S. Korea’s EV market poised for take-off in 2021
An electric vehicle is connected to Hi-Charger, an exclusive ultrahigh speed charger developed by Hyundai Motor. (Hyundai Motor)
For South Korea’s electric vehicle business, 2020 apparently served as a turning point with global players such as Tesla on the up and up and the ongoing COVID-19 pandemic raising the alarm about environmental pollution by internal combustion engines.
In the new year, this growing market is anticipated to take long strides on the back of prolonged government subsidies and carmakers’ paradigm shift towards ecofriendly vehicles.
The number of newly registered passenger EVs here came to 32,268 as of November, according to the Korea Automobile Manufacturers Association.
Also, the corresponding sector has expanded more than tenfold over the past five years, with accumulated sales surpassing the 140,000 mark last year. The figure first reached the 10,000 mark in 2016, data showed.
On the export front, EVs logged 112,254 units in accumulated figures as of end-November, up 67.2 percent from a year earlier. The latest results marked the first time that ecofriendly vehicles -- EVs, plug-in hybrid, and hydrogen fuel cell cars combined -- accounted for more than 10 percent of the nation’s total automobile sales.
Adding fuel to the market momentum is the government’s determination to lay out a new economic blueprint for the coronavirus-hit economy -- the so-called Korean New Deal that pivots on digital innovation and ecofriendly growth.
Suggesting the 2021 economic policy direction recently, Seoul vowed to supply an additional 100,000 electric cars in the new year, starting with increasing the number of charging stations from the current 33,000 to 36,000 within the year, and to 45,000 by 2025.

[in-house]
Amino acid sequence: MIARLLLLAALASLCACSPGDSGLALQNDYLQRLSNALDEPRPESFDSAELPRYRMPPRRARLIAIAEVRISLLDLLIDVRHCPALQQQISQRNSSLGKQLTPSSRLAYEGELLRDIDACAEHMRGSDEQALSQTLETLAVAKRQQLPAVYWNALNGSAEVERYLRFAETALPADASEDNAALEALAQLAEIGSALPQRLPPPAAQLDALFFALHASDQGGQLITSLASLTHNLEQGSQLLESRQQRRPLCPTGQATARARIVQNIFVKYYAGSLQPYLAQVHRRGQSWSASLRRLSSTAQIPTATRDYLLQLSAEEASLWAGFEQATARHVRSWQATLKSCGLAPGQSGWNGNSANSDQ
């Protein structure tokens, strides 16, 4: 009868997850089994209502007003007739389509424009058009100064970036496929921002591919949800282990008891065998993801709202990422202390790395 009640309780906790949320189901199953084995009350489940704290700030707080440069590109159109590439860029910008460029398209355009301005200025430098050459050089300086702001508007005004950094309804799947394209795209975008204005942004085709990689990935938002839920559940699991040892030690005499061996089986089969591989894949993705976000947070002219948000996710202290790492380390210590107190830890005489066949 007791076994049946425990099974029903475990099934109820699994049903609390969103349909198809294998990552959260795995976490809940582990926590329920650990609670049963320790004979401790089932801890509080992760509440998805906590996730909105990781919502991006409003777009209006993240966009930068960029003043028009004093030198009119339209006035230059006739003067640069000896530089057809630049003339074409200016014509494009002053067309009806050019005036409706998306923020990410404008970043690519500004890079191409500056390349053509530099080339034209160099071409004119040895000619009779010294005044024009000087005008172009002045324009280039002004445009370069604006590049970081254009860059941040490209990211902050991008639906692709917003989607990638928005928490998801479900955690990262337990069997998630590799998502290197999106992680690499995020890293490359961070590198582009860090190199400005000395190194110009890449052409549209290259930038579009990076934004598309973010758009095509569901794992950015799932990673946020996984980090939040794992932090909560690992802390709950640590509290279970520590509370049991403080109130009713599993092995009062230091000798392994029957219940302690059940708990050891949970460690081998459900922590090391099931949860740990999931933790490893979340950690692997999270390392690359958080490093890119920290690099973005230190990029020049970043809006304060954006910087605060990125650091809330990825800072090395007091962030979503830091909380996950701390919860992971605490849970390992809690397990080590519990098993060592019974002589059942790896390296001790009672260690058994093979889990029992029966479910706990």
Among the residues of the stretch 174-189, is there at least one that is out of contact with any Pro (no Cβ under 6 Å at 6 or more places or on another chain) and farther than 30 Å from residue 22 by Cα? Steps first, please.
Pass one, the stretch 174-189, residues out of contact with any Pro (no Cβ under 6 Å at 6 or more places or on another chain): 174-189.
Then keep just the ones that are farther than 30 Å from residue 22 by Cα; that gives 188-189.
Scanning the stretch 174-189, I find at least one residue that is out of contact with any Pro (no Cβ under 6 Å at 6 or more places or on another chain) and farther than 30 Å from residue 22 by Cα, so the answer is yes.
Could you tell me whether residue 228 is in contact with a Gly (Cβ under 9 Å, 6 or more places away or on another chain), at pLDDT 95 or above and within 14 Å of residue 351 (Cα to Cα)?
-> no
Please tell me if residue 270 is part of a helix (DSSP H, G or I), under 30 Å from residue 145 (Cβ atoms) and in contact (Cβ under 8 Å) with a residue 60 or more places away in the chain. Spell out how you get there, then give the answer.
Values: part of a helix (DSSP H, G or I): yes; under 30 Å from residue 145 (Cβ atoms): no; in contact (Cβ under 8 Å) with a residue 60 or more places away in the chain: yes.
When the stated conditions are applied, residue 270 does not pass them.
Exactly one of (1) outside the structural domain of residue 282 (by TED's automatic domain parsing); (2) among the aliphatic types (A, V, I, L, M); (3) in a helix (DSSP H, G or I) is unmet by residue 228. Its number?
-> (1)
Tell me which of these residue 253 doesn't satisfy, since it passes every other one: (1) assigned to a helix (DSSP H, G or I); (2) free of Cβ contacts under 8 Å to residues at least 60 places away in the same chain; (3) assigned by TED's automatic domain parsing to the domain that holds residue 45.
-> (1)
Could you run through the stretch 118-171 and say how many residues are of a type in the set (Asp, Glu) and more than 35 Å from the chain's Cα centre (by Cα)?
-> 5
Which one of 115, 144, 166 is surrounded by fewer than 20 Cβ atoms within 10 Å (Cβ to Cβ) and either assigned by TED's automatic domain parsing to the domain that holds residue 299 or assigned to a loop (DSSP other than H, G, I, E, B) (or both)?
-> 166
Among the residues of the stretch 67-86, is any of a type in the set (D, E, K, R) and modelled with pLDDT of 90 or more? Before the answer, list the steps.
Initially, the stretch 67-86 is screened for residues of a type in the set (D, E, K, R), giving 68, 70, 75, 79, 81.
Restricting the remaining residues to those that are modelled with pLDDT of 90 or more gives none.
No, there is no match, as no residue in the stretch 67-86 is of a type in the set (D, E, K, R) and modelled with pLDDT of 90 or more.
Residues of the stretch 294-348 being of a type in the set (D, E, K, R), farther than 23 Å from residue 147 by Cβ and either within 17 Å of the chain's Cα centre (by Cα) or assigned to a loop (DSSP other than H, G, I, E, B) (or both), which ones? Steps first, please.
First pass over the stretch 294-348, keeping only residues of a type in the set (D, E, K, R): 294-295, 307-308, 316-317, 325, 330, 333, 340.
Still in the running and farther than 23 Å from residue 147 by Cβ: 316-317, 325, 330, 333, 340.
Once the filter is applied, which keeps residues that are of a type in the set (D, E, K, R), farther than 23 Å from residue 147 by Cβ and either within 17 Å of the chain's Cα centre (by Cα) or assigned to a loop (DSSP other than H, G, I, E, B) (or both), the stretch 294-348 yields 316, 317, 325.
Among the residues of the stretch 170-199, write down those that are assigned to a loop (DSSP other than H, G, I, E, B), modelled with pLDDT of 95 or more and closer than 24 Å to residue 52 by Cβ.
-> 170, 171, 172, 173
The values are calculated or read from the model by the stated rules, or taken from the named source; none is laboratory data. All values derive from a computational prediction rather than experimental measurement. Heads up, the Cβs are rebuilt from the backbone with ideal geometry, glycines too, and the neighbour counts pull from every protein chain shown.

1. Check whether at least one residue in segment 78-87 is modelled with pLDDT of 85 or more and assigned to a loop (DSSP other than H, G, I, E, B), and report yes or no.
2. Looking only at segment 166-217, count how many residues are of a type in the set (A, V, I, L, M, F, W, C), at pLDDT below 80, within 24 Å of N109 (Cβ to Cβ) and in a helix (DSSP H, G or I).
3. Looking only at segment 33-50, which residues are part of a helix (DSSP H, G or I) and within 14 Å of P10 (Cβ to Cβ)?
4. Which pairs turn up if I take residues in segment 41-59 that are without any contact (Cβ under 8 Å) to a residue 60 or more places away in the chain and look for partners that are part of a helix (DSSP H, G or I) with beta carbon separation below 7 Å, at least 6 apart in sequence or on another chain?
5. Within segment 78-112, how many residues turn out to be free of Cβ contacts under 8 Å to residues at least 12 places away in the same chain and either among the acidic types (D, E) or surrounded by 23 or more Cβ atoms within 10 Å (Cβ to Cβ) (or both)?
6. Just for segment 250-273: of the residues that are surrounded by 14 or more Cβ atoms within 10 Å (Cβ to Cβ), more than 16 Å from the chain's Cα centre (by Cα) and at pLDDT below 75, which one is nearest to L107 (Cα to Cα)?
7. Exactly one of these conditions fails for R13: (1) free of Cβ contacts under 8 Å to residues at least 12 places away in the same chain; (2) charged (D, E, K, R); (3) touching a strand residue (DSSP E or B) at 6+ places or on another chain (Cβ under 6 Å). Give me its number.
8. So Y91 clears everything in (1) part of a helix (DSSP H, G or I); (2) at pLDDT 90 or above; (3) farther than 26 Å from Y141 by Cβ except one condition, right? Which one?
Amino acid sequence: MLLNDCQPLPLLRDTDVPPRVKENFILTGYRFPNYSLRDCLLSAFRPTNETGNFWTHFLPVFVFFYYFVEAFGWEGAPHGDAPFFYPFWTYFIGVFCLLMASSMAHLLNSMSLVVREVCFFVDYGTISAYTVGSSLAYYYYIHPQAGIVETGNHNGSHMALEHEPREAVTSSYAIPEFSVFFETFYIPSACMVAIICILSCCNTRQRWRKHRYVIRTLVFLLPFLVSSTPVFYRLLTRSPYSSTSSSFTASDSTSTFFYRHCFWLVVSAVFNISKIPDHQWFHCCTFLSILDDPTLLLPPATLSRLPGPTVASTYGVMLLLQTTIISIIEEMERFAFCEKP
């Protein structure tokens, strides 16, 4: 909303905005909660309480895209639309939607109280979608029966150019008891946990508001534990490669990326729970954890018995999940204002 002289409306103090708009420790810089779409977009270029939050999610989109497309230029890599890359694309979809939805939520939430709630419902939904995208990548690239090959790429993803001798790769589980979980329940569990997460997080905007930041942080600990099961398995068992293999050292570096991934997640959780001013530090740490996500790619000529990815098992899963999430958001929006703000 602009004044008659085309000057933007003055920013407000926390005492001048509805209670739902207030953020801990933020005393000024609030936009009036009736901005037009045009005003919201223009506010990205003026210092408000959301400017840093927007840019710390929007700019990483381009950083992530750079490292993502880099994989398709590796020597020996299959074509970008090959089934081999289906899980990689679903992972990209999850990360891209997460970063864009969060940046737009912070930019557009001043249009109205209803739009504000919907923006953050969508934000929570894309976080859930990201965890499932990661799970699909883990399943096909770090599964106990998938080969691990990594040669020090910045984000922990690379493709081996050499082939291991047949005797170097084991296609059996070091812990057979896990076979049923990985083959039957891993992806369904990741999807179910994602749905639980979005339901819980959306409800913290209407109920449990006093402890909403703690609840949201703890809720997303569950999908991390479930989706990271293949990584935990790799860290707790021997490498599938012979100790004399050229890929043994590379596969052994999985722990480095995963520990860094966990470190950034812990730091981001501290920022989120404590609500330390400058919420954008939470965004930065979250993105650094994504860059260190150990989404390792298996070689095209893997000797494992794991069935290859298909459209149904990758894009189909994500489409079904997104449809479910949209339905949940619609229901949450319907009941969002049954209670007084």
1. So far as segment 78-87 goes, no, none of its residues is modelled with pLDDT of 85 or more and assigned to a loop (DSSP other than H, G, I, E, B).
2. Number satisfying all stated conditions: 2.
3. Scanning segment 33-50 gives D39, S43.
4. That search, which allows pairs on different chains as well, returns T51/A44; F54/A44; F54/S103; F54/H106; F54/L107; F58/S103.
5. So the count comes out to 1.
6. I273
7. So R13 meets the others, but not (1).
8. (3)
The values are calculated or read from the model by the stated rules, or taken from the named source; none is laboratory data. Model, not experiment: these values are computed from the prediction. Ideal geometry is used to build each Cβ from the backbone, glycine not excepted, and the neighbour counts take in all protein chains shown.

Separately, the Environment Ministry has outlined the EV subsidy program for this year, saying that it will continue to provide the allowance for car priced below 60 million won ($55,147), while halving the amount for those priced 60 million won or more. Luxury models that are priced at 90 million won or more will likely be exempted from the fiscal support.
The graded method largely takes after a subsidy system in Europe and China, which offers more benefits to budget cars in order to expand and diversify the market.
The given policies yet remain tentative and are expected to take shape as early as this month, after authorities contemplate market feedback.
Last year, the state subsidy for nine major EVs averaged at around 7.76 million won, with local government subsidies excluded. Taking into account the lately suggested price group cap, KAMA anticipates that the average amount will slip around 1 million won this year.
Riding on the booming market and the government’s preferential subsidy for budget EVs, the nation’s largest automaker Hyundai Motor is set to roll out the Ioniq 5, its crossover utility vehicle that adopts an EV-exclusive platform E-GMP. As the expected market price comes to 50 million won, the model is likely to appeal to potential purchasers.
Hyundai Motor Group’s prestige brand Genesis, on the other hand, may take some impact from the subsidy restriction as its first purely electric car -- tentatively named JW -- will be priced between 60 million won and 90 million won.
“There is the possibility that high-end brands such as Tesla may adjust the market price of its upcoming models by lowering the battery prices,” said Lee Hang-goo, a senior researcher at Korea Automotive Technology Institute.
But in the case of luxury cars, the impact of the state subsidy will remain limited, as such models tend to be purchased as company cars.
By Bae Hyun-jung (email@example.com